In many ways, the best training is having to do it yourself. OMB has been working on its own strategic plan for nearly a year, an effort that has involved all parts and levels of the organization. Later this month, OMB will have a day-long "standdown" in which all staff will focus on our strategic plan and the goals we propose to establish for our organization.

     Valuable help for our government-wide implementation effort is also coming from several interagency councils which I chair. These are the President's Management Council, whose members are the agency Chief Operating Officers (generally the Deputy Secretary); the Chief Financial Officer's Council; and the President's Council on Integrity and Efficiency, comprised of the agency Inspectors General. Each of these councils has taken leadership for one or more aspects of GPRA implementation, and have developed and disseminated useful techniques and practices to assist the agencies. They are also helping us to develop a unifying framework for bringing together the various laws and initiatives that focus on performance. These include GPRA, the Government Management Reform Act, the Chief Financial Officers Act, the Federal Acquisition Simplification Act, the Federal Managers' Financial Integrity Act, the Inspector General Act, the Clinger-Cohen Act, as well as initiatives originating from the National Performance Review, such as development of customer service standards and performance-based organizations. There is consensus that this integration must be done, and, to the extent practicable, must be meshed into the processes supporting budget preparation, decisions, and execution.

     To do this will be a formidable task. But we have no real choice. If managed separately, these various endeavors will lose the synergy and economy of effort that would result from their being fitted together. Failure to coordinate and integrate these laws and initiatives can undercut their effectiveness, create confusion, and introduce frustration and ultimately disinterest among all parties. Put starkly and simply, there are not enough resources within the Executive branch to even try carrying out these activities in a non-integrated way.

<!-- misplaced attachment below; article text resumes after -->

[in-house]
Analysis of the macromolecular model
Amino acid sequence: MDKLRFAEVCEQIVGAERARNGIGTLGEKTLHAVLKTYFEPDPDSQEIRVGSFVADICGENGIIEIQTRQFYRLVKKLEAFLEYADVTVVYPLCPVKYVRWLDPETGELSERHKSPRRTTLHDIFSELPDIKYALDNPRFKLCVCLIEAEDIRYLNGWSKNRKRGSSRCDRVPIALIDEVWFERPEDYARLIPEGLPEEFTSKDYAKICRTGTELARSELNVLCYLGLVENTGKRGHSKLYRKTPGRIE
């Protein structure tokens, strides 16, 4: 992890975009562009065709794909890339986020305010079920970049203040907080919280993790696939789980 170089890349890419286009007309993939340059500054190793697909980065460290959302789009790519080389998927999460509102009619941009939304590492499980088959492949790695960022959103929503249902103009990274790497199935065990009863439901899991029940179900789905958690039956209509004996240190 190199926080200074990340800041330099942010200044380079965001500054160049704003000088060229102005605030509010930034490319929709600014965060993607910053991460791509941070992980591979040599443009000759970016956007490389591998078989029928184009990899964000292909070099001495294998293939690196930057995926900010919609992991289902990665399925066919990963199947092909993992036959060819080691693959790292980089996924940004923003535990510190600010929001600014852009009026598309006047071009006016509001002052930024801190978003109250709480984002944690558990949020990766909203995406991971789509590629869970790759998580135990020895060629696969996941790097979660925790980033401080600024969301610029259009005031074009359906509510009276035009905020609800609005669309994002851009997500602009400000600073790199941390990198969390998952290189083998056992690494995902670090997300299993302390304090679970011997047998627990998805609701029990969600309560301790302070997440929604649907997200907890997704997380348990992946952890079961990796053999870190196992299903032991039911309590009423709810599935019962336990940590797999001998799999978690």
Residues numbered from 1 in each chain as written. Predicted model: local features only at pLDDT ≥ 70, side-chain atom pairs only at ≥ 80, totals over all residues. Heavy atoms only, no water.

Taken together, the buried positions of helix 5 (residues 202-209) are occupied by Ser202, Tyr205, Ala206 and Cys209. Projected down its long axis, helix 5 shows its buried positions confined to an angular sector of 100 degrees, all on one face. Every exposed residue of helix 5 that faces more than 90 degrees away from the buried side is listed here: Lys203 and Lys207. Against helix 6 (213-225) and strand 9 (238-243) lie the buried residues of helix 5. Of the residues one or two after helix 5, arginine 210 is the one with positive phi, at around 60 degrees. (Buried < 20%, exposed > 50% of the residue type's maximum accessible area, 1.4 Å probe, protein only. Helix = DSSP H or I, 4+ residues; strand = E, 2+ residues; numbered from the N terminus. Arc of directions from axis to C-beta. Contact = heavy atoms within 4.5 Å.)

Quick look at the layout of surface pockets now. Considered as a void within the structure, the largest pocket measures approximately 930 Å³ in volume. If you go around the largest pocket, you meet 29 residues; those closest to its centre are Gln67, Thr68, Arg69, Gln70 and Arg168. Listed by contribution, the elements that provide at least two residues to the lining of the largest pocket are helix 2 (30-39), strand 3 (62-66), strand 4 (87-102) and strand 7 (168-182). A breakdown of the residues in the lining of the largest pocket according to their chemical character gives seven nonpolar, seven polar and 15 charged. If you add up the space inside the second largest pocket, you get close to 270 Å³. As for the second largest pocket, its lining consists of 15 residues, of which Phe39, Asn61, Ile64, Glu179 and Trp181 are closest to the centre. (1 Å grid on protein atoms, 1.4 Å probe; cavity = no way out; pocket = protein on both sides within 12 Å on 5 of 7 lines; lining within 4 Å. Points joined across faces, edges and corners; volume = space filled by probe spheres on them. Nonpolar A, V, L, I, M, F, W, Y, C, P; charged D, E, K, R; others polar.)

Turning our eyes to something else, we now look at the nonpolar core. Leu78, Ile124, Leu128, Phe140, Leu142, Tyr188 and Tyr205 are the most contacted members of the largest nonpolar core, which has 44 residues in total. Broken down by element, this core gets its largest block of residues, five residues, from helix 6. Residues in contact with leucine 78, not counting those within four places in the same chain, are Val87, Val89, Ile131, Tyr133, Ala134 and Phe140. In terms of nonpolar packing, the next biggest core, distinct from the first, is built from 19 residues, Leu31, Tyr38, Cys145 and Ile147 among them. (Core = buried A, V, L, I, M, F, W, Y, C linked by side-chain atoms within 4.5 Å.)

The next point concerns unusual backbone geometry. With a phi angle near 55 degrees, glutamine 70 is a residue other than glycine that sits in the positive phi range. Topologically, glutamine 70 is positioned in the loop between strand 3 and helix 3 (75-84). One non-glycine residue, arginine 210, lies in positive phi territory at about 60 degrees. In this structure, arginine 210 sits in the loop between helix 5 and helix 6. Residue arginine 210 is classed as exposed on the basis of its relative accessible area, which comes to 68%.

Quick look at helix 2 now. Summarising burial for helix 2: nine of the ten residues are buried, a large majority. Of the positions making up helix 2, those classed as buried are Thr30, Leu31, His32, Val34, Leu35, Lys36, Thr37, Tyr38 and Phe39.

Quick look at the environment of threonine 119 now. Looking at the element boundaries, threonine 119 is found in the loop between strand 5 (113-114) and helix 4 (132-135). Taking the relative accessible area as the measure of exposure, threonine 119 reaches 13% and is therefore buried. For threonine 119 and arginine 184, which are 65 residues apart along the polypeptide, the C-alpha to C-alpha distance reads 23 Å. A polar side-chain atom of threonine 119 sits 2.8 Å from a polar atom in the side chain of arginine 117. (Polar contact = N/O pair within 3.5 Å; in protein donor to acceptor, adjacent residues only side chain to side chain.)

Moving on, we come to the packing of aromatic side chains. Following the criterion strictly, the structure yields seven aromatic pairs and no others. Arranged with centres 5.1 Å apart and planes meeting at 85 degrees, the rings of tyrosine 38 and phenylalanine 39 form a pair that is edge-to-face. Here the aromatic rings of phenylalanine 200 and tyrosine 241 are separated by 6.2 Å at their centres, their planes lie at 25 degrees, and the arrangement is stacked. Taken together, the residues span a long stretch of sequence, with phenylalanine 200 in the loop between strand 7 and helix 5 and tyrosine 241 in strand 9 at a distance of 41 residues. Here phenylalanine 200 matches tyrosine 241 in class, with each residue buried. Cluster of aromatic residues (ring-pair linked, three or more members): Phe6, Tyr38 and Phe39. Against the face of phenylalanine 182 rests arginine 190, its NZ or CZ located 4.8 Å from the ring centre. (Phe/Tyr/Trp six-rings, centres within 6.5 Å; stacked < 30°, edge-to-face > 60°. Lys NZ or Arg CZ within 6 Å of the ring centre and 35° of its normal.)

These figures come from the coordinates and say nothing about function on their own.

Sorting through the complexity of these varying performance initiatives has been difficult, but we are making progress in defining a framework for this integration.


     As noted earlier, we expect agencies to provide useful and informative strategic and annual performance plans within the timeline specified by the Act. However, preparing a good GPRA plan is not an easy task. Indeed, a plan easily prepared is likely to be a superficial plan. Therefore, no one should expect the first plans to be perfect. We should view these first plans as the beginning of a process of improvement and refinement that will evolve over several years. Measures will be modified, better and more appropriate goals will be defined, performance data will increase in both volume and quality.

     Even as performance measures become more refined, we should always bear in mind that using performance measures in the budgeting process will never be an exact science, or even a science at all. Often, an under-performing program will benefit from additional resources, not fewer. Comparing results across program lines will always require political judgments about the relative priorities, for example, of programs for highways and education. And we should not lose sight of the fact that performance information will often be used to adjust the way programs are managed rather than to change the resources provided. Accurate, timely performance information is important in all these situations and this is why the Administration is committed to the successful implementation of GPRA.

     As I have said on other occasions, if we are successful, over time, GPRA should disappear. Some may think such a declaration flies in the face of the enthusiasm of this Administration for GPRA. However, if GPRA works as envisioned, government managers will absorb it into day-to-day agency administration and program management. For this to happen, we must guard against creating a separate GPRA bureaucracy in each agency that provides the documents and information required by the statute in an effort that is divorced from this day-to-day management of the agency. That's why I suggest that the true measure of the success of GPRA will be the extent to which the concepts of management and good business practices set out in this law become the accepted way that the government works without reference to any particular statutory framework or requirements.


     This concludes my statement, Mr. Chairman. I'd be pleased to take any questions you may have.